Once upon a time, a man could be self-sufficient and raise a family with a 40 acre farm and a mule.
Once upon a time, the North American continent seemingly had unlimited land for farming, raising families, and freedom from oppression by Lords, Kings, and Government-imposed Religions.
And a new nation was born, crafted and created by a select few white men, who desired to create a Utopia – – a country where the populace controlled the government, instead of the other way around. To be certain, they crafted certain provisions to protect the interests of the wealthy against a populist uprising – the electoral college and setting it up so that States Legislatures elected Senators.
There has always been a tension between those with money and those who would regulate commerce. Unregulated capitalism led to cyclical booms and busts, culminating in the Great Depression. This, in turn, led to regulating capitalism, which led to sustained growth and the emergence of a middle class.
By the 1950s a man could earn enough to support a family, buy a house and a car and enjoy a reasonably comfortable standard of living working a reasonable secure job. The American Dream was finally realized. For some. For the American Dream was not for people of color and women were lower class citizens, in the workforce especially, as they were expected to stay home and have babies.
Then came the 60s, and someone of color dared to have a dream – – to dream that a person of color could share in the American Dream. There were assassinations and civil unrest. A social safety net was created and the Welfare State was born. Although born of good intentions, it had its flaws. Chief among which was the fact that, once on Welfare, accepting an entry level job meant a decrease in income. As a result, families became stuck on Welfare for multiple generations.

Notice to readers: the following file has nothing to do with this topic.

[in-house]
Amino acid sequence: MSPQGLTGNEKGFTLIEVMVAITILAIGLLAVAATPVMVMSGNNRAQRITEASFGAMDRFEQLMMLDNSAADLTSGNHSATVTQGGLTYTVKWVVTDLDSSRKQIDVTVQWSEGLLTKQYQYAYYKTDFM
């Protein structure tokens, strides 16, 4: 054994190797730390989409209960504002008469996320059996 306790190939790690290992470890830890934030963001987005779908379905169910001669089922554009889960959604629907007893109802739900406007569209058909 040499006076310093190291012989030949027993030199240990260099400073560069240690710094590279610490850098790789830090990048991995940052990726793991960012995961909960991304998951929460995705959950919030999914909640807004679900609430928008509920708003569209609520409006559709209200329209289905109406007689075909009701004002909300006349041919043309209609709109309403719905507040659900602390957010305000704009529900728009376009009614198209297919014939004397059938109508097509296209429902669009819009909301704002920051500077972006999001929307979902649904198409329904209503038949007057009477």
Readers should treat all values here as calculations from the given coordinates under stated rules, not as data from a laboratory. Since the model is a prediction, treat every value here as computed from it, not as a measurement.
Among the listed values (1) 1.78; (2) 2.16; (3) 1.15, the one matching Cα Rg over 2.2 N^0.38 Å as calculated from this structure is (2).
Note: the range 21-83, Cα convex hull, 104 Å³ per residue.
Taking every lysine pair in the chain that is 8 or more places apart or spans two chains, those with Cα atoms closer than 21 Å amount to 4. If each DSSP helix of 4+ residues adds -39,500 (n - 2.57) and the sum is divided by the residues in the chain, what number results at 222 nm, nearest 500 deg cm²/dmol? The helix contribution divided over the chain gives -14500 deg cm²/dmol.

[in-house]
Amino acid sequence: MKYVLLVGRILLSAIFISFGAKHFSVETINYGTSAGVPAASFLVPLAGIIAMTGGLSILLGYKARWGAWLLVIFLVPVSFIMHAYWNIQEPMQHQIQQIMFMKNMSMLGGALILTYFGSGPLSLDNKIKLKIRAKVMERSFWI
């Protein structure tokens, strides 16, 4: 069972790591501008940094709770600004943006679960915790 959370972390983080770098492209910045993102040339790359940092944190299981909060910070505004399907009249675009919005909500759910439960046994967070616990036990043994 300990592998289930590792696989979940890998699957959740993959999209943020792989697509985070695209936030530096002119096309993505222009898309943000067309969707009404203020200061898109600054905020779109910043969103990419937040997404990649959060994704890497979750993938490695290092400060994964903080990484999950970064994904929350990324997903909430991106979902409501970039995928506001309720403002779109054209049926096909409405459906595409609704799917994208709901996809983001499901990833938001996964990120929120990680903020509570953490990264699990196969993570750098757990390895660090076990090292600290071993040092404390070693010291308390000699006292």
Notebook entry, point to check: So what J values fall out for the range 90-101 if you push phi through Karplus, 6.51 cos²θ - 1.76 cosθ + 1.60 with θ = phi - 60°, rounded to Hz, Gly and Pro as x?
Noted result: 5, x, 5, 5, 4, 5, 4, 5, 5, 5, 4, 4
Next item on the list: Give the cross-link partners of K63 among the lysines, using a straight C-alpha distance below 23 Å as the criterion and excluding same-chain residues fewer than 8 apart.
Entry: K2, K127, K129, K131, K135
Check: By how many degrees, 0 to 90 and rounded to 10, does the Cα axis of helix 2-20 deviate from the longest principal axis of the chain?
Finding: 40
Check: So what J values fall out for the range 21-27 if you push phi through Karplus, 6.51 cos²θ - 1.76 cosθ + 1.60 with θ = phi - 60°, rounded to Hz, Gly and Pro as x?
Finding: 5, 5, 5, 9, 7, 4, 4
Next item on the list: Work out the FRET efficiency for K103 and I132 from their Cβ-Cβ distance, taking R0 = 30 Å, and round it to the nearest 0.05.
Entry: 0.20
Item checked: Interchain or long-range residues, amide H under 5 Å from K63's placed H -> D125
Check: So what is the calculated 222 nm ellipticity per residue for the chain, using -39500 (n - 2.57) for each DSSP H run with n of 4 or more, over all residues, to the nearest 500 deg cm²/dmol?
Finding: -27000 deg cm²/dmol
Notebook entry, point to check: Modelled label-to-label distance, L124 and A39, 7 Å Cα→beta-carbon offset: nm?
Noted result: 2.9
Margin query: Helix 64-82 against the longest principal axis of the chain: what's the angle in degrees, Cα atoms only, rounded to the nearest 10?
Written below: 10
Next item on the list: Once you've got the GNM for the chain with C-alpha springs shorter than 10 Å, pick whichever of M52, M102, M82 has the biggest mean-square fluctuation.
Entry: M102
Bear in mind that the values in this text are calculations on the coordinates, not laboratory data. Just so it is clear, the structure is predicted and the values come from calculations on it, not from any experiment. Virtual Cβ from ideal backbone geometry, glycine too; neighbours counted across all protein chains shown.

Along comes resentment, as people on Welfare were painted as lazy – leeches living off the labors of the working class. Welfare families were depicted as families of color, and racial prejudices were once again exploited.
And somewhere along the way, the American Dream became the American Nightmare. We voted for Presidents, Senators and Republicans who would lower our taxes, eliminate the social safety net and force people to go to work. But these elected representatives also began chipping away at the foundations of the economic policies that led to the rise of the middle class.
Those foundations are largely gone now. Free trade agreements put a quick end to American manufacturing. The corporations are still in business, but the manufacturing jobs have been relocated to countries with lower wages, fewer regulations. Government controls on the financial sector have been removed, leading to the Great Recession of 2008. The disparity of wealth between the haves and have-nots is approaching levels not seen since the Middle Ages. The haves have rigged the system and control the message, thereby controlling the group-think of the populace.
George Orwell’s 1984 has become a blueprint instead of a warning.
The American Dream is gone. The standard of living for all except the top 10% is in decline. It now takes 2 wage earners to support a middle-class lifestyle, a lifestyle that comes to a quick end should one of the two develop a serious illness or injury.
This current election cycle paints the reality of where we are in stark contrast. A populist candidate on the Right, campaigning on racial intolerance, violence and hatred is the presumptive Republican nominee. A populist candidate on the Left, campaigning on social justice and democratic socialism has been stymied at every turn by the mainstream media and the political machinations of the hierarchy of the Democratic Party.
Is this where we’re heading?